The Accutane case, which began in 2003, alleged the powerful acne drug causes inflammatory bowel disease. Seeger Weiss partner David Buchanan played a major role in litigating plaintiffs’ claims in a longstanding case against drug manufacturer Roche. In 2005, he was appointed Liaison Counsel and trial counsel representing plaintiffs suffering from ulcerative colitis and Crohn’s disease as a result of their use of Accutane.
Buchanan called the long-lasting litigation a “little bit of a Groundhog Day,” in an interview with Law360, a reference to the multiple bellwether cases Roche has forced in the case.
These bellwether trials provided important harbingers to the parties for the broader litigation. Buchanan served as trial counsel in McCarrell v. Hoffmann La Roche, Inc., (No. A-4481-12T1; N.J.), representing an Alabama man who developed ulcerative colitis shortly after stopping Accutane, and secured a $2.5 million verdict in first trial and a $25.5 million jury verdict in re-trial. He also served as trial counsel in Kendall v. Hoffman La Roche Inc. (No. 36 A. 3d 541; N.J.), representing a Utah woman who developed ulcerative colitis after stopping Accutane, and secured a $10.4 million verdict in first trial and $1.4 million verdict in re-trial. Buchanan served as lead trial counsel in the consolidated trial Rossitto & Wilkinson v. Hoffmannn-La Roche, Inc. (Nos. L-7481-10 and L-1311-08; N.J.), representing a New Jersey woman (Ms. Rossitto) and Utah man (Mr. Wilkinson) concerning their development of ulcerative colitis and resulting complications following the use of Accutane, winning an initial verdict of $18 million for the plaintiffs.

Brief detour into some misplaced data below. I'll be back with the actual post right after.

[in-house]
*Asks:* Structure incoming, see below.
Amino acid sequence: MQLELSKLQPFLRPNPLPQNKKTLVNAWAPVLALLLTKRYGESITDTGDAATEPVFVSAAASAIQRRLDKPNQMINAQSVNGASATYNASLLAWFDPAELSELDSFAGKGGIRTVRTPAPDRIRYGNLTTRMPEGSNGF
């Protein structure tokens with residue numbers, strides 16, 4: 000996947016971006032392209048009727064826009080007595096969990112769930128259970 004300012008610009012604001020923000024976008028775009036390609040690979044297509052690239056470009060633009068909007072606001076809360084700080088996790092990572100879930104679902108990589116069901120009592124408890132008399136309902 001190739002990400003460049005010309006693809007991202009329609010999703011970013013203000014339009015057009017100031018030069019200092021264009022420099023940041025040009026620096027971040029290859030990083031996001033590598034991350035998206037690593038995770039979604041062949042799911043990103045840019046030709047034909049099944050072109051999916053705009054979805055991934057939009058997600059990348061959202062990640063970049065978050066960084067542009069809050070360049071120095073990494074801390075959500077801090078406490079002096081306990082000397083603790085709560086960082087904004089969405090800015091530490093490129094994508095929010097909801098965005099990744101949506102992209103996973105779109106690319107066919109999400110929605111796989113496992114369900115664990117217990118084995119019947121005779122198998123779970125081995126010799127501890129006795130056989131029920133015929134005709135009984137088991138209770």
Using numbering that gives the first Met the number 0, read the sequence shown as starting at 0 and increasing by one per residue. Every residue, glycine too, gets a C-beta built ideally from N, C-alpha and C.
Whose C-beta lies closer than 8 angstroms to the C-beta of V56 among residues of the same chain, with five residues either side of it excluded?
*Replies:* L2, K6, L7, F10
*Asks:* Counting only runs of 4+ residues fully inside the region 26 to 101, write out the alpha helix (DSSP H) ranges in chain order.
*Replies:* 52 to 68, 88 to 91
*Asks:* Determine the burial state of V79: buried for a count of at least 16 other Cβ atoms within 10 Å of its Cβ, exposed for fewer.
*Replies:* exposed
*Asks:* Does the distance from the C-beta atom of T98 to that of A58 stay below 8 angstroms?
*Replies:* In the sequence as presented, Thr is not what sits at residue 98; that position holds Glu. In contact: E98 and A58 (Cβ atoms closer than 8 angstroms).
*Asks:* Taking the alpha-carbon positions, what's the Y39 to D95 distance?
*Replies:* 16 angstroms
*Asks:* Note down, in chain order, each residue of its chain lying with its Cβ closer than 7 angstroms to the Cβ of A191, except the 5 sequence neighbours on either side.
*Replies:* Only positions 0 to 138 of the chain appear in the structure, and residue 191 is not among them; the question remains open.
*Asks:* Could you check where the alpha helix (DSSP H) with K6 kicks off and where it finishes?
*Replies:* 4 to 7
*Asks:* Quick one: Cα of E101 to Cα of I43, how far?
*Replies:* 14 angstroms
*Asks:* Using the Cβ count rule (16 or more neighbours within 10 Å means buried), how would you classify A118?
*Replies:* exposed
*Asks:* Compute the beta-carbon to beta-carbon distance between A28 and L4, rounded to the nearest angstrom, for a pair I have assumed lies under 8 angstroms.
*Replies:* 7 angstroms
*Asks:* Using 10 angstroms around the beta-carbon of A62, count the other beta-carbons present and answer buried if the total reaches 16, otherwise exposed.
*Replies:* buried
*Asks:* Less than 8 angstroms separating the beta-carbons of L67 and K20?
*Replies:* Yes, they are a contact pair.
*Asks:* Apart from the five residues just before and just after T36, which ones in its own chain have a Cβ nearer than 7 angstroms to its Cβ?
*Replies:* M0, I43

These contentious proceedings have similarly resulted in several landmark decisions from the New Jersey Supreme Court and the New Jersey Appellate Division—in which Buchanan served as appellate counsel—on legal issues of wide import, including choice of law, the discovery rule applicable in products liability claims, the presumptions afforded under the New Jersey Products Liability Act, and the admissibility of expert scientific testimony.